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Selected tag(s): Arsenic in food

FDA seeks expert panel review of neurodevelopmental risk of inorganic arsenic in food

Tom Neltner, J.D.is Chemicals Policy Director and Maricel Maffini, Ph.D., Consultant

Updated March 27, 2019 to include a link to EDF’s comments and to Project TENDR’s comments.

The United States has asked the Codex Alimentarius (Codex), the international standard setting body for food, to prioritize inorganic arsenic for evaluation of non-cancer effects such as neurodevelopmental, immunological, and cardiovascular effects. The evaluation would be conducted by an expert panel convened by the Joint Food and Agriculture Organization / World Health Organization Expert Committee on Food Additives (JECFA), on which Codex relies for scientific advice.[1]

EDF will submit comments in support of the proposal and encourages others to do the same.[2] However, FDA should not wait for the review to be finished before incorporating this evidence into its long-awaited standards for inorganic arsenic in rice.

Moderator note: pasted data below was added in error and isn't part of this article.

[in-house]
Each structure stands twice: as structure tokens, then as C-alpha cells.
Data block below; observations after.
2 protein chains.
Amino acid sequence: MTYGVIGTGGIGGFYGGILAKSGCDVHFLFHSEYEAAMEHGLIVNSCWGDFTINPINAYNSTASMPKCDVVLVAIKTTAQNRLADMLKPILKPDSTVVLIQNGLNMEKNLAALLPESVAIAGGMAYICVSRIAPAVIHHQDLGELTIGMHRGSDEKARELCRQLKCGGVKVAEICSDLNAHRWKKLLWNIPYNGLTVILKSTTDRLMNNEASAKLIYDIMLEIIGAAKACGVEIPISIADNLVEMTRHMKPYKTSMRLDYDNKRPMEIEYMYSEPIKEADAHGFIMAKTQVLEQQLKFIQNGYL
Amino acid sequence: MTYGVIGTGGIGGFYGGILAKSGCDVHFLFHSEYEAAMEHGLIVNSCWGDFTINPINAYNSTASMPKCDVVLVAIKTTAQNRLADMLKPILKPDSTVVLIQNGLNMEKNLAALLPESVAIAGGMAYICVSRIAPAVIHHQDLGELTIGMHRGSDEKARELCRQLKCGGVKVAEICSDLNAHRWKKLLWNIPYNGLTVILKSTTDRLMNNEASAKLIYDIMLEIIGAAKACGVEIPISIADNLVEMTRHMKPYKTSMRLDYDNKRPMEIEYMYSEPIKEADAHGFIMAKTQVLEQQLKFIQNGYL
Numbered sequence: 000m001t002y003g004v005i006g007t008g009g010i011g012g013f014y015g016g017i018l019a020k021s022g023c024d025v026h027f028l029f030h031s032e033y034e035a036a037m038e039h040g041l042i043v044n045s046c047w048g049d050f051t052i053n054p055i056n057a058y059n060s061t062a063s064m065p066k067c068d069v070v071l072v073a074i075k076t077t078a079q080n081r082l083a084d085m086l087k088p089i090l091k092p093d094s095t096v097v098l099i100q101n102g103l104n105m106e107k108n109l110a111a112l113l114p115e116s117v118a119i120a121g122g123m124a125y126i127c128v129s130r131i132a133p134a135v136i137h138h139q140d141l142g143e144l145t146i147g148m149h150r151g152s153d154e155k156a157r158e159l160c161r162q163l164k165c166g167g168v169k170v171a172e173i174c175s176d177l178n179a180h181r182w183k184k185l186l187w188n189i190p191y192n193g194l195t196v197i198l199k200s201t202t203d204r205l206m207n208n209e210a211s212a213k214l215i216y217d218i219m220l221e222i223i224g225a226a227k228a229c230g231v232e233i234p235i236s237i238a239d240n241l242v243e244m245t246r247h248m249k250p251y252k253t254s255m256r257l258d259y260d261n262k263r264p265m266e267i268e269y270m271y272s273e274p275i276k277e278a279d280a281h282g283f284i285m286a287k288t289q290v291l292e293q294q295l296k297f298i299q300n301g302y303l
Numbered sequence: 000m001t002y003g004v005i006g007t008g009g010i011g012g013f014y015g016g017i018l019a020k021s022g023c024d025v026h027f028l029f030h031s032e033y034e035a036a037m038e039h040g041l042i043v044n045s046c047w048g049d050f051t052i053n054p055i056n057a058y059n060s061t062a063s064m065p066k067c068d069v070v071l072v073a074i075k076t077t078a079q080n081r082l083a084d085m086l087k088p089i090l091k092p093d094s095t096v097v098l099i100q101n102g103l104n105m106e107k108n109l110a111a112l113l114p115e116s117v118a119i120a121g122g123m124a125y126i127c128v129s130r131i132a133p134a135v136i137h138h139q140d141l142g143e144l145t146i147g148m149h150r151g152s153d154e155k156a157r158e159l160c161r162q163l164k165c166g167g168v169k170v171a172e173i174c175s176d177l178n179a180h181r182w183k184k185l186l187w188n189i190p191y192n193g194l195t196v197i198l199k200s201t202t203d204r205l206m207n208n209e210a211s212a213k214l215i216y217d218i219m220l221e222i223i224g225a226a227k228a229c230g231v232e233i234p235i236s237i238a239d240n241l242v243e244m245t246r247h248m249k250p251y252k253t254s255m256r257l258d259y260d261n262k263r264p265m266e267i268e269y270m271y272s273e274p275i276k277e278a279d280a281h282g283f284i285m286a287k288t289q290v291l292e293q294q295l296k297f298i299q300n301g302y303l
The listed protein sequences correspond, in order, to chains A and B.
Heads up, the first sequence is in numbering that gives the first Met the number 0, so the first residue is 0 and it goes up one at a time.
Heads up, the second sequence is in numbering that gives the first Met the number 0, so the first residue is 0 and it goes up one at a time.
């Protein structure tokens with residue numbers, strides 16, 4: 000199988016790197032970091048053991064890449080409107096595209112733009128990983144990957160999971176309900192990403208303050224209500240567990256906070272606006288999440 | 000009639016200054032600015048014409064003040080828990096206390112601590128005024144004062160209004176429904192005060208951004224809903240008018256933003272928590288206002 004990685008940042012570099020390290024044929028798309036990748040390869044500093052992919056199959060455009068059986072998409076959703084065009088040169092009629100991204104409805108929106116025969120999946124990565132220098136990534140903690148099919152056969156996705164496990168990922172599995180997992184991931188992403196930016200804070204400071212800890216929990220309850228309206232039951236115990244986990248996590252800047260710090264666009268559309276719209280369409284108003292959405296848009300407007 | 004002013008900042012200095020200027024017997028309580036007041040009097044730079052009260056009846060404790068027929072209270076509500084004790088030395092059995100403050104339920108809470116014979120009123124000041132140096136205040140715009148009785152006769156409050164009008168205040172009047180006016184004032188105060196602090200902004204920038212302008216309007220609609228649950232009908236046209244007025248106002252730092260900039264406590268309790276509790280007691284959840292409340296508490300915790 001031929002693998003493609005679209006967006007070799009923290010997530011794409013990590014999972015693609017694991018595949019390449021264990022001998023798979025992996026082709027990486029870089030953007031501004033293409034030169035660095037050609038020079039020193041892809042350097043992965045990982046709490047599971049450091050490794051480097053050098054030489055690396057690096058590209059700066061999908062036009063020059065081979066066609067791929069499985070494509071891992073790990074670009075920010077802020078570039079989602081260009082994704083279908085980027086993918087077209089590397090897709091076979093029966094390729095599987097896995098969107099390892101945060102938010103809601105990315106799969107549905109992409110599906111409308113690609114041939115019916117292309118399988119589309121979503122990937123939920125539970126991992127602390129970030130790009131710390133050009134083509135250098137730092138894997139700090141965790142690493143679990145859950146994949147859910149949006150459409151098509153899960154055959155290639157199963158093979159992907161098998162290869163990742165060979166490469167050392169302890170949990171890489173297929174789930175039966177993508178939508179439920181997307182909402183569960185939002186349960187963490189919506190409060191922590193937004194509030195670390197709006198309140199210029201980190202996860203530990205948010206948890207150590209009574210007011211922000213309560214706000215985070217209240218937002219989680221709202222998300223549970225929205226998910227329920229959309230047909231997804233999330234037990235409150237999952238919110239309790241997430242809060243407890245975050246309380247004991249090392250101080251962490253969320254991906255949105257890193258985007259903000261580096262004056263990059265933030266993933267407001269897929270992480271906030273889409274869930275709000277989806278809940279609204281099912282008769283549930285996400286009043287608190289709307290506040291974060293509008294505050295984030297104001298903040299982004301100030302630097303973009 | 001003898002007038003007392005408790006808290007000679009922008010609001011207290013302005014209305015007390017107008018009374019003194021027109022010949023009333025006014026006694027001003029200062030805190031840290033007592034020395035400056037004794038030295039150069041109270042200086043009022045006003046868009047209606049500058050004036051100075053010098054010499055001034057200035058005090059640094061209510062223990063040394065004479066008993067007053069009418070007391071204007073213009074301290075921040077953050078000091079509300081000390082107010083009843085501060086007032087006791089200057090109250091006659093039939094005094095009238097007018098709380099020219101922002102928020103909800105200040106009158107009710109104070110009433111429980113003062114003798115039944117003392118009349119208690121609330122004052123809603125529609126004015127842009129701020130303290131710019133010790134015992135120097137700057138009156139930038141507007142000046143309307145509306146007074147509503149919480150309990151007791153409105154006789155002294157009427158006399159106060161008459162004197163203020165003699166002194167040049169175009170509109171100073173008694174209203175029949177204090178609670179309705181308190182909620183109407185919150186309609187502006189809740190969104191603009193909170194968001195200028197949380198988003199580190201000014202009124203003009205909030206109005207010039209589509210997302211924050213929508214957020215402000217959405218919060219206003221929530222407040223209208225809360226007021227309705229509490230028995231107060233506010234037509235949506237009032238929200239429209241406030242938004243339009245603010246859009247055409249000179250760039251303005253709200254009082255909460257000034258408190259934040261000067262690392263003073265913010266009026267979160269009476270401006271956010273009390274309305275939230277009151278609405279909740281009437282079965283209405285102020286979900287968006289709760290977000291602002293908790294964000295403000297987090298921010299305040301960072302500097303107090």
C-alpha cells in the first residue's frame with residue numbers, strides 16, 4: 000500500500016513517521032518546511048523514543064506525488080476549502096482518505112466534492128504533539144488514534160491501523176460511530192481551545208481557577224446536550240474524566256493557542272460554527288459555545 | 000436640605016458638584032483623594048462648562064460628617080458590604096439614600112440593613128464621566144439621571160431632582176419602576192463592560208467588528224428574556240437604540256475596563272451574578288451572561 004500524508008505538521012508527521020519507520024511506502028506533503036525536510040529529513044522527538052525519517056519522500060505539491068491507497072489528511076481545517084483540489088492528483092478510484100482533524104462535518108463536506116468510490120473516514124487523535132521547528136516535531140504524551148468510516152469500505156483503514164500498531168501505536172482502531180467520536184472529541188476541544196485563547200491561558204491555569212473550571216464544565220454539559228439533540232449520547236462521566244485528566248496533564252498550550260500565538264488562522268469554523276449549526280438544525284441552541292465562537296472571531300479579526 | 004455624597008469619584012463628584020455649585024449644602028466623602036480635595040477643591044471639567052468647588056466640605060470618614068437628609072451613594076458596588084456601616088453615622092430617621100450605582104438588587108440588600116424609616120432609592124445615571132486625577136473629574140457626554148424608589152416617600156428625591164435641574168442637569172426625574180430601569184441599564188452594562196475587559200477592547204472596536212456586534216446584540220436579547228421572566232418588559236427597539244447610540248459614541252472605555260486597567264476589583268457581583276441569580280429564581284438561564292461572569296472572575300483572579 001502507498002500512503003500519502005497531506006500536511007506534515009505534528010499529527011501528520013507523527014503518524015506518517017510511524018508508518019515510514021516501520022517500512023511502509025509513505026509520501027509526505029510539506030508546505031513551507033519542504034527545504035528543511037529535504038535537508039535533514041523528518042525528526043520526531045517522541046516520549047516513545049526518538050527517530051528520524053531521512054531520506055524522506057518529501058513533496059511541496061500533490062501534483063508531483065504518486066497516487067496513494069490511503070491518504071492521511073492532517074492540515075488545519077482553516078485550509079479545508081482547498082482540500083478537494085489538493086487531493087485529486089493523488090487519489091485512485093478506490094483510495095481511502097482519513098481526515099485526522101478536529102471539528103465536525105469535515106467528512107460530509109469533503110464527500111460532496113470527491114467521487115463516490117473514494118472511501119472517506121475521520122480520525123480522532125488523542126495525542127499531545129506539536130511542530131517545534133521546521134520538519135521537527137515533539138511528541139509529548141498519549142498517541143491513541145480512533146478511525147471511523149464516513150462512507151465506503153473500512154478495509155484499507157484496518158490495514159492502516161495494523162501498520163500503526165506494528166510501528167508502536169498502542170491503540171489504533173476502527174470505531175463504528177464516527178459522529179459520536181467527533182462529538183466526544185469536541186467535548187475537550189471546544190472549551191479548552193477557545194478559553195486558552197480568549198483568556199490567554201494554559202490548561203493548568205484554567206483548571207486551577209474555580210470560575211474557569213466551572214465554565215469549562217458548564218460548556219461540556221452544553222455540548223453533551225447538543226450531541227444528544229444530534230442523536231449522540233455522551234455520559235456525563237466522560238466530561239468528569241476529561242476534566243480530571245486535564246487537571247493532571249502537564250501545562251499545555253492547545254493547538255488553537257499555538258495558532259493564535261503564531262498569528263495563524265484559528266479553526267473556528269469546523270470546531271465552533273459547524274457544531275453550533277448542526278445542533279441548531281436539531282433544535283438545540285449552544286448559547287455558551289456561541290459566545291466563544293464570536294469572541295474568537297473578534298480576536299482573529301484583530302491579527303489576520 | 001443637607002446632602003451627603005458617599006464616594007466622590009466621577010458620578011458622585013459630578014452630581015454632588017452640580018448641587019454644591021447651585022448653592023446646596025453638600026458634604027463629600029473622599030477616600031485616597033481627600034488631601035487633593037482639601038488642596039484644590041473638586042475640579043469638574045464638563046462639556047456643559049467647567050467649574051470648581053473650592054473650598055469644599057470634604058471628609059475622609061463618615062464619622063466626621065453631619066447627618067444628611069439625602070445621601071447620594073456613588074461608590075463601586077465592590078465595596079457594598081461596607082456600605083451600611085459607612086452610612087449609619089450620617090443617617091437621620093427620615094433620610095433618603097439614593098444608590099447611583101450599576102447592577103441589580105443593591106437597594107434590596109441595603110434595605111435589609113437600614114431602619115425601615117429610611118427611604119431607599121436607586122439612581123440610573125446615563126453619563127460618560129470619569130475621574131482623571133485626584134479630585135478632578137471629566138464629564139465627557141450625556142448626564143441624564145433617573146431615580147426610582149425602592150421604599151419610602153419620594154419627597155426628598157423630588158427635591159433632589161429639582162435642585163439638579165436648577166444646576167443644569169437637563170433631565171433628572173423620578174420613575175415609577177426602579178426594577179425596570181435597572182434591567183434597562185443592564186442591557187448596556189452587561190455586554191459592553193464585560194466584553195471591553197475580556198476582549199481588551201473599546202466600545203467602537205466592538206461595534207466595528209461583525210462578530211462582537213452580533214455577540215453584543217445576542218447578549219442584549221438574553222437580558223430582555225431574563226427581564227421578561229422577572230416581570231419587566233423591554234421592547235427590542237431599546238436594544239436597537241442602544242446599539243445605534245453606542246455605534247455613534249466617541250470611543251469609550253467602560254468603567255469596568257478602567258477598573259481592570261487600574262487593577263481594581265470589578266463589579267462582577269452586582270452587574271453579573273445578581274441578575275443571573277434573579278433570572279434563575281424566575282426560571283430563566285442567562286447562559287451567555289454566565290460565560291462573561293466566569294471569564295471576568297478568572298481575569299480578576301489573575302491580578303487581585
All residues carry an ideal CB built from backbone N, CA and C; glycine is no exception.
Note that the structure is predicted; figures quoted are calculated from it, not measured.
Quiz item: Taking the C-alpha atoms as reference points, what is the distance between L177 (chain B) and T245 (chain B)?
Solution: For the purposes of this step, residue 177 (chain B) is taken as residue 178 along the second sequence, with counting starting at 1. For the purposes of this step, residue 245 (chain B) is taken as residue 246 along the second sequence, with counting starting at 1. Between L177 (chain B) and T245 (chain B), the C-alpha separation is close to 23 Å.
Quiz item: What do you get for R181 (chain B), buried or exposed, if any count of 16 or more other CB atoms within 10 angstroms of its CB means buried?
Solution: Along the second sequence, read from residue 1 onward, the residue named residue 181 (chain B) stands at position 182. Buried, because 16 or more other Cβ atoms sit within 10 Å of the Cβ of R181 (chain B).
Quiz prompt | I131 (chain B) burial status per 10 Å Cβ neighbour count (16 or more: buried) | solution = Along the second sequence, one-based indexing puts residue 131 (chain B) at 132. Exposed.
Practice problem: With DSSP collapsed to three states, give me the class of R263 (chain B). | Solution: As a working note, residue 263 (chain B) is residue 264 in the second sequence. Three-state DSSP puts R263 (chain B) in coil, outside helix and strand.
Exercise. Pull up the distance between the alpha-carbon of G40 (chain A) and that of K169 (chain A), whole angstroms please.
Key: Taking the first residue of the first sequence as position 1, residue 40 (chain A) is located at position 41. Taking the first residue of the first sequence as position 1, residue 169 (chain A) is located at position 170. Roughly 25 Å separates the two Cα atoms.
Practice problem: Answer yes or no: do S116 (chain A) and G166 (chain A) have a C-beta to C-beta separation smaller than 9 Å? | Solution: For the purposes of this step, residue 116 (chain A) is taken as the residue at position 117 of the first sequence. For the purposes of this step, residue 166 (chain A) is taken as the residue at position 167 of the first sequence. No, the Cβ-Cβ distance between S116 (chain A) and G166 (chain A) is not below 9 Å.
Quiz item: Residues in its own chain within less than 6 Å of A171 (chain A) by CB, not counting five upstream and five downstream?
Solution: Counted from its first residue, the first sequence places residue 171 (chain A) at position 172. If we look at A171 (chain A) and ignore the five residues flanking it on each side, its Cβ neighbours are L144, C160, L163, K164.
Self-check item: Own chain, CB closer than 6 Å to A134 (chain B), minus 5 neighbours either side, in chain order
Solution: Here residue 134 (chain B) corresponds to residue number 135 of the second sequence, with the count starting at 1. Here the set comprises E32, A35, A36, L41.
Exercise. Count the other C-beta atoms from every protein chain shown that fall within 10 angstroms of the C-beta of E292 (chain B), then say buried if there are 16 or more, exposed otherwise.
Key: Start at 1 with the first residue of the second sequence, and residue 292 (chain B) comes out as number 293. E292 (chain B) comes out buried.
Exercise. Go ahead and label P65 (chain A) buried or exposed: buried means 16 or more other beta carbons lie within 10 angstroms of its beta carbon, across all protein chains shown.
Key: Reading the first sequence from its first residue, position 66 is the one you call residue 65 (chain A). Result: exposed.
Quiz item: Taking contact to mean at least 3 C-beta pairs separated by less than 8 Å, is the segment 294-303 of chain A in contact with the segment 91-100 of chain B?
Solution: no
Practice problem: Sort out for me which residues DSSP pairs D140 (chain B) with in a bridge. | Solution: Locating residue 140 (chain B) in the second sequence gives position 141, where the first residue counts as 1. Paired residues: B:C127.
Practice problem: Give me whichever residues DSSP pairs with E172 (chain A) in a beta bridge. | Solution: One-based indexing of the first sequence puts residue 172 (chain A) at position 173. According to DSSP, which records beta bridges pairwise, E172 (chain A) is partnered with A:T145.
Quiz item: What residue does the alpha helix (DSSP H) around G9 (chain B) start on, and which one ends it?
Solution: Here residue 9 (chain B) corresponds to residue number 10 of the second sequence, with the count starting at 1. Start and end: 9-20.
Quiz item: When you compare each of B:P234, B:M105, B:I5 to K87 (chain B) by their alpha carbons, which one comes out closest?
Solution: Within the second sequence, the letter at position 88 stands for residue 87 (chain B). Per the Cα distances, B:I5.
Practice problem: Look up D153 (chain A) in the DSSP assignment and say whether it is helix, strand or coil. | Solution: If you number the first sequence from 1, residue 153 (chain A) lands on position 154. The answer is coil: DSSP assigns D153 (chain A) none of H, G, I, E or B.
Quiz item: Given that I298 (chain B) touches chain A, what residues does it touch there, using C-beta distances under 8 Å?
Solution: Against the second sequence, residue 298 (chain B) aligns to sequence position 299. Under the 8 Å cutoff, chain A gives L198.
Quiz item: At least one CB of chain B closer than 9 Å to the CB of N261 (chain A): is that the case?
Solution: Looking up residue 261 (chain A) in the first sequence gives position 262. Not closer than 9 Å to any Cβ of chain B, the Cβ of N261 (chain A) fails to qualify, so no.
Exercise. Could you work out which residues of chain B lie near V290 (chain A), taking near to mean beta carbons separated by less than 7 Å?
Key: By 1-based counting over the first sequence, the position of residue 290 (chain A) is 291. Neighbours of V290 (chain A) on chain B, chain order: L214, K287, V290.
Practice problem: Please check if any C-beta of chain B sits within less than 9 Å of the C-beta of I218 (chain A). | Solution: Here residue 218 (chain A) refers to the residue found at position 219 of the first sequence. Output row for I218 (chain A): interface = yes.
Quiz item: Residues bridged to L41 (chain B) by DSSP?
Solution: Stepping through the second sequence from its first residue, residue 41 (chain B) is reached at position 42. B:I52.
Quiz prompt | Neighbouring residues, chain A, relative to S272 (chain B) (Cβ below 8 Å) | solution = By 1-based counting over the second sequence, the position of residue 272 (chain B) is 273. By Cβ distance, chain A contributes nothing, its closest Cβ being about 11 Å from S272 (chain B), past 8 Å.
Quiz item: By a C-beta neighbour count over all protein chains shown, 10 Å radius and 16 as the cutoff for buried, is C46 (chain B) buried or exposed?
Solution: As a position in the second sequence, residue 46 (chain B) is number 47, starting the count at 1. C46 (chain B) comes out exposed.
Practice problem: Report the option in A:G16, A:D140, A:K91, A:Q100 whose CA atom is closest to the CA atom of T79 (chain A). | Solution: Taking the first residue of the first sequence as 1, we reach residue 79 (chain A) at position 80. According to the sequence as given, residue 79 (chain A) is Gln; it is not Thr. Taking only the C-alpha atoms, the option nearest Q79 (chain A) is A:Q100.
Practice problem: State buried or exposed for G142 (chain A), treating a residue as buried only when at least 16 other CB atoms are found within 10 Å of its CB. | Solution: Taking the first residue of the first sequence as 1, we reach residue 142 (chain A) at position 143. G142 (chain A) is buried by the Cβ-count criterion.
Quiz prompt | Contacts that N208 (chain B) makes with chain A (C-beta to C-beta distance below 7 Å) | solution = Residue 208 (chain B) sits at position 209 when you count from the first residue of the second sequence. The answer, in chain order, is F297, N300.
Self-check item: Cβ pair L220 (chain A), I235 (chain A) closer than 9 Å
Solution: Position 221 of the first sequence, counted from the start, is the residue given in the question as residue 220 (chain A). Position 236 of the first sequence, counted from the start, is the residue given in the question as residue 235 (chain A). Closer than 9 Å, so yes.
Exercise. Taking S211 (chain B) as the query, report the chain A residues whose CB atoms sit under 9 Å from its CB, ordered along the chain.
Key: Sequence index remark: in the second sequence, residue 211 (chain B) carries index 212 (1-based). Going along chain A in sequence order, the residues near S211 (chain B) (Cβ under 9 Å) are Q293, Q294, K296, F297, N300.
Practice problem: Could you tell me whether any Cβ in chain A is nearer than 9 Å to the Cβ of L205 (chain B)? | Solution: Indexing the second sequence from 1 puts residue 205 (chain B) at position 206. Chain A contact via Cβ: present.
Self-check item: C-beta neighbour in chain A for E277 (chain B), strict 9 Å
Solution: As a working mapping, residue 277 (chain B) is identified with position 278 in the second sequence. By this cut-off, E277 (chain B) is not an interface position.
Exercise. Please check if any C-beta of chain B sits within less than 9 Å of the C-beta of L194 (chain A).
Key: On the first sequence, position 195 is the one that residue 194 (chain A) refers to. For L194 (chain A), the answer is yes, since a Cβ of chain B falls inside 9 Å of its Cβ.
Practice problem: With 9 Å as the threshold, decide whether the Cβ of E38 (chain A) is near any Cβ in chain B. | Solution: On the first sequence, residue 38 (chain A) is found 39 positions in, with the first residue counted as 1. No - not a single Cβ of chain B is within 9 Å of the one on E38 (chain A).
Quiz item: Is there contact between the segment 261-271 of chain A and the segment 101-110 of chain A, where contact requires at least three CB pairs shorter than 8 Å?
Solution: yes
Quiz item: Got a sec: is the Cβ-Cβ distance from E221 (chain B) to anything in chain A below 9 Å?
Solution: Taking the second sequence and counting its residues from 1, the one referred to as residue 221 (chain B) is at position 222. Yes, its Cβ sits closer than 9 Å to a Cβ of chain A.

Evidence of harm from inorganic arsenic on children’s neurodevelopment has grown more compelling

Inorganic arsenic is a known water and food contaminant. FDA has measured it in many foods included in its Total Diet Study, but it’s mostly known for its presence in baby and infant foods such as rice and fruit juices. The presence of inorganic arsenic in staples of children’s diets is concerning due to its risk of potential lasting health effects. The risks posed by inorganic arsenic on fetal and child brain development has become increasingly clear since the early 2000s as epidemiological studies began to scrutinize more subtle effects such as learning disorders and epigenetic effects. Earlier studies mostly focused on gross measures such as low body weight or increased stillbirths.

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